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Any society has esoteric observances. In India people defer to cows that wander through thoroughfares. Christians may be appalled to consider themselves as cannibals, and yet those who take the eucharist believe that this is the symbolic eating of their savior.
As much as Jews may be aware of strange observances by non-Jewish neighbors, and as confident as Jews are in the sensibility of the Jewish heritage, there is no doubt that there is much in traditional Judaism that is absolutely esoteric, strange and peculiar. We have rules about what we may eat and what we may not, what we may wear, whom we may marry, when we should avoid fun, and when we should indulge. Yet among all the strange practices of our people, there is none less explicable than the Fast of Esther. Most years it is on Purim eve, this year it is two days before Purim.
Think about the fast. Why is it observed in this day and age? The fast was declared by Queen Esther as a demand for her people to join in prayer and self denial as she prepared to visit to see her husband, the King Ahasuerus. uninvited. Jewish tradition from biblical times and through our own era has used fasting as a means of intervening with God, denying ourselves as we sought the Almighty’s intercession at times of calamity or potential danger. In Esther’s case, the evil decree of Viceroy Haman needed to be rescinded.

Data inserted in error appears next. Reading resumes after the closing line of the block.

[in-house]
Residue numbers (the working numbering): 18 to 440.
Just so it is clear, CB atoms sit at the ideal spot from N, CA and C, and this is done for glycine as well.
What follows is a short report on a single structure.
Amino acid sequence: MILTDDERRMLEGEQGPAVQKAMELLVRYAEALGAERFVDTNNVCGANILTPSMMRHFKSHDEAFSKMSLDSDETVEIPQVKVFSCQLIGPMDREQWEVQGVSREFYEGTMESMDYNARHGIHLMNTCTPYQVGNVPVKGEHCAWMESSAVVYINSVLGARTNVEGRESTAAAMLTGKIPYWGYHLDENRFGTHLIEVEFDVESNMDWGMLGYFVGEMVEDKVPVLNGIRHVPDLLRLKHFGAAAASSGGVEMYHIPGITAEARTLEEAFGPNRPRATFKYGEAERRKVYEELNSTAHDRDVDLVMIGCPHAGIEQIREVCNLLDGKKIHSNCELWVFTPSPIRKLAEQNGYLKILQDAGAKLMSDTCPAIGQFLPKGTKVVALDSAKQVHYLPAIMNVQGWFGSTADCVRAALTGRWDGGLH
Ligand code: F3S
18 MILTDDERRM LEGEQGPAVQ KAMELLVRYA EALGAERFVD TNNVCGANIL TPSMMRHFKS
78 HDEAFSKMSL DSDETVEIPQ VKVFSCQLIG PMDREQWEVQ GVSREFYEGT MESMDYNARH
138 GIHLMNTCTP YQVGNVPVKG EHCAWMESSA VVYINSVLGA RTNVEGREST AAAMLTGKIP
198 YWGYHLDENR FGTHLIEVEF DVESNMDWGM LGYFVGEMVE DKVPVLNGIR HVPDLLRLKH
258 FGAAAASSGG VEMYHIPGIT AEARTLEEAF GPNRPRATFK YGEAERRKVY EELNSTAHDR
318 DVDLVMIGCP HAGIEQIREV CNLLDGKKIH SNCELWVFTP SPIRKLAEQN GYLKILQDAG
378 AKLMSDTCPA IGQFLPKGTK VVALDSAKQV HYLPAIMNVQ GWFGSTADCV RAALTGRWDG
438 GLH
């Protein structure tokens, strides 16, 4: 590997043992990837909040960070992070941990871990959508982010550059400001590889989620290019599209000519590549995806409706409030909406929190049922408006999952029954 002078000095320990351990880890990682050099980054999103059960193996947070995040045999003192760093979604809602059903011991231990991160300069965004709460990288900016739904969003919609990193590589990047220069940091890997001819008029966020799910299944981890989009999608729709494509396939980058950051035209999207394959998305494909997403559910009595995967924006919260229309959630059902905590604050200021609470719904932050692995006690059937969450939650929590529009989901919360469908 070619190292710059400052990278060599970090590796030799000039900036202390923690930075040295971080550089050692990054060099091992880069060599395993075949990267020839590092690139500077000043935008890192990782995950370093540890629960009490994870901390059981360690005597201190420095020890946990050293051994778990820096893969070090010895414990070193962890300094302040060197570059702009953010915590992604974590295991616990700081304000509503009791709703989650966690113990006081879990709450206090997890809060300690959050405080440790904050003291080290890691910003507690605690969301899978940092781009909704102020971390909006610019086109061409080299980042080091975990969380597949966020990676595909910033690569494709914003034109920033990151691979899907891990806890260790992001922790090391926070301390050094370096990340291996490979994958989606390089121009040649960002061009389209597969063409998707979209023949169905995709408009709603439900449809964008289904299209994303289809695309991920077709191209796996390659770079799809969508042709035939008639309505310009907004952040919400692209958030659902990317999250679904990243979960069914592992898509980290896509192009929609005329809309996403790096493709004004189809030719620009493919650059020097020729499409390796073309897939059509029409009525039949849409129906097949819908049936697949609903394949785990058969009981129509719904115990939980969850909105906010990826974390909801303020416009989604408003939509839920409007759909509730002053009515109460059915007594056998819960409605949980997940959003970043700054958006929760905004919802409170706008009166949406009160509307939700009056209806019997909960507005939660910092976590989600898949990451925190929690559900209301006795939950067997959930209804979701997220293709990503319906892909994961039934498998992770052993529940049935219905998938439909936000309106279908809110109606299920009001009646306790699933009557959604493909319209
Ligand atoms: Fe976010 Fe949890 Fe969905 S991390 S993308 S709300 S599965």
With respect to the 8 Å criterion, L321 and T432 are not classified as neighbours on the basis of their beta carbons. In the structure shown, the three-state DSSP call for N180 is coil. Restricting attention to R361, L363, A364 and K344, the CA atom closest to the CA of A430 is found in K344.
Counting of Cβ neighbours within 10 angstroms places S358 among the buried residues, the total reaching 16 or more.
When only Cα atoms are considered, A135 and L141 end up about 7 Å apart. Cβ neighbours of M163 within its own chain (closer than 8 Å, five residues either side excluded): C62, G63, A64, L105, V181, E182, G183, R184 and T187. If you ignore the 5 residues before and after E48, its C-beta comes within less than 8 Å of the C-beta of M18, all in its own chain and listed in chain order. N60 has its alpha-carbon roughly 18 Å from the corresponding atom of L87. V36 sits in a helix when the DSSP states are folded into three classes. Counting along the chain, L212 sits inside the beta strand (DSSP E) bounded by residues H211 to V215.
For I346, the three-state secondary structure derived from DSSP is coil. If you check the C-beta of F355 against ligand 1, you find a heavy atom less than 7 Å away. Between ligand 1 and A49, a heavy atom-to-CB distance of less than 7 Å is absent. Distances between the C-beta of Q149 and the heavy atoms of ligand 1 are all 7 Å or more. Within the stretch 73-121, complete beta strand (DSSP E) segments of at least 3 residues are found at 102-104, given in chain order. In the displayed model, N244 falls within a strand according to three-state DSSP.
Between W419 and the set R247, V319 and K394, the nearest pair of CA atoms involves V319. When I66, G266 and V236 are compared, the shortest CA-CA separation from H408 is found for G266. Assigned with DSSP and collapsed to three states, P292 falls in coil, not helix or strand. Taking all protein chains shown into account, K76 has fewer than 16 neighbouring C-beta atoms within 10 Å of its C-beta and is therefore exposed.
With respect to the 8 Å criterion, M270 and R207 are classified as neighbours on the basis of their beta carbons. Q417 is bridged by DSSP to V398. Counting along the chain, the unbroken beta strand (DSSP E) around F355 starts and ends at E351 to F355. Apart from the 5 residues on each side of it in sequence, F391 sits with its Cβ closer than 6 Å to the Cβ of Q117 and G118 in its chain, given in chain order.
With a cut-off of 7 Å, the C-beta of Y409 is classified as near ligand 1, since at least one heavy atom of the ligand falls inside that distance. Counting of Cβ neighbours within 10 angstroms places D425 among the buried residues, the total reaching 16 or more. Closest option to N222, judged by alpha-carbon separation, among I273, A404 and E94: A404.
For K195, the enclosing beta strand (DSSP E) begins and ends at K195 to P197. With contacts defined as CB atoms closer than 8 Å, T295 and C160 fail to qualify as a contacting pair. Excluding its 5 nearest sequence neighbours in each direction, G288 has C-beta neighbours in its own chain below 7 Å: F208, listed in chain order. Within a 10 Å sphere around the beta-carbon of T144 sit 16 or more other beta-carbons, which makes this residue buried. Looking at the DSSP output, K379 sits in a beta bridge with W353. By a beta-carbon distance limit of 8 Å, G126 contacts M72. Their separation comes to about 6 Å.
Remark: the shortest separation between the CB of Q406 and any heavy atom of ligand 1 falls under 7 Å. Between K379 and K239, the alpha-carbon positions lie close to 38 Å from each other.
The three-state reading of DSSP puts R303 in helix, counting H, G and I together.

The issue is why fast today? If the Scroll of Esther is historical, millennia have passed since Esther sought divine help; since the salvation she wanted came to be; and since she passed away. For those who listen to biblical scholars who assert that the scroll may be fictional, God only knows why they would even consider fasting .
Below are at least a couple of reasons that occur to me for the continued fast. I admit, though, even as I write them, I am not sure how compelling they will be to others.
Esther’s call for the community to fast can also be described as her request for the community to join together as one. Any opportunity for the Jewish community to unite in common cause is worth pursuing. Moreover, if there is benefit in observing Esther’s call for all Jews to read her adventure, exchange gifts, imbibe and party, is there not equal benefit in all Jews heeding her call to fast?
The Purim holiday marks the triumph of good over evil, of scholarship over ignorance, of community over individualism. It is a day marked by feasting and self indulgence. It is the only holiday when it is a mitzvah to drink, some say to get drunk. If feasting and self indulgence become the call of Purim, perhaps Jews need a day before devoted to self-denial and self-awareness. Perhaps it is the day when we become aware that a day of doing without will strengthen us and our resolve, and atune us to the contrast between Purim and the days leading to it.
Wishing a meaningful and joyful Purim to all readers.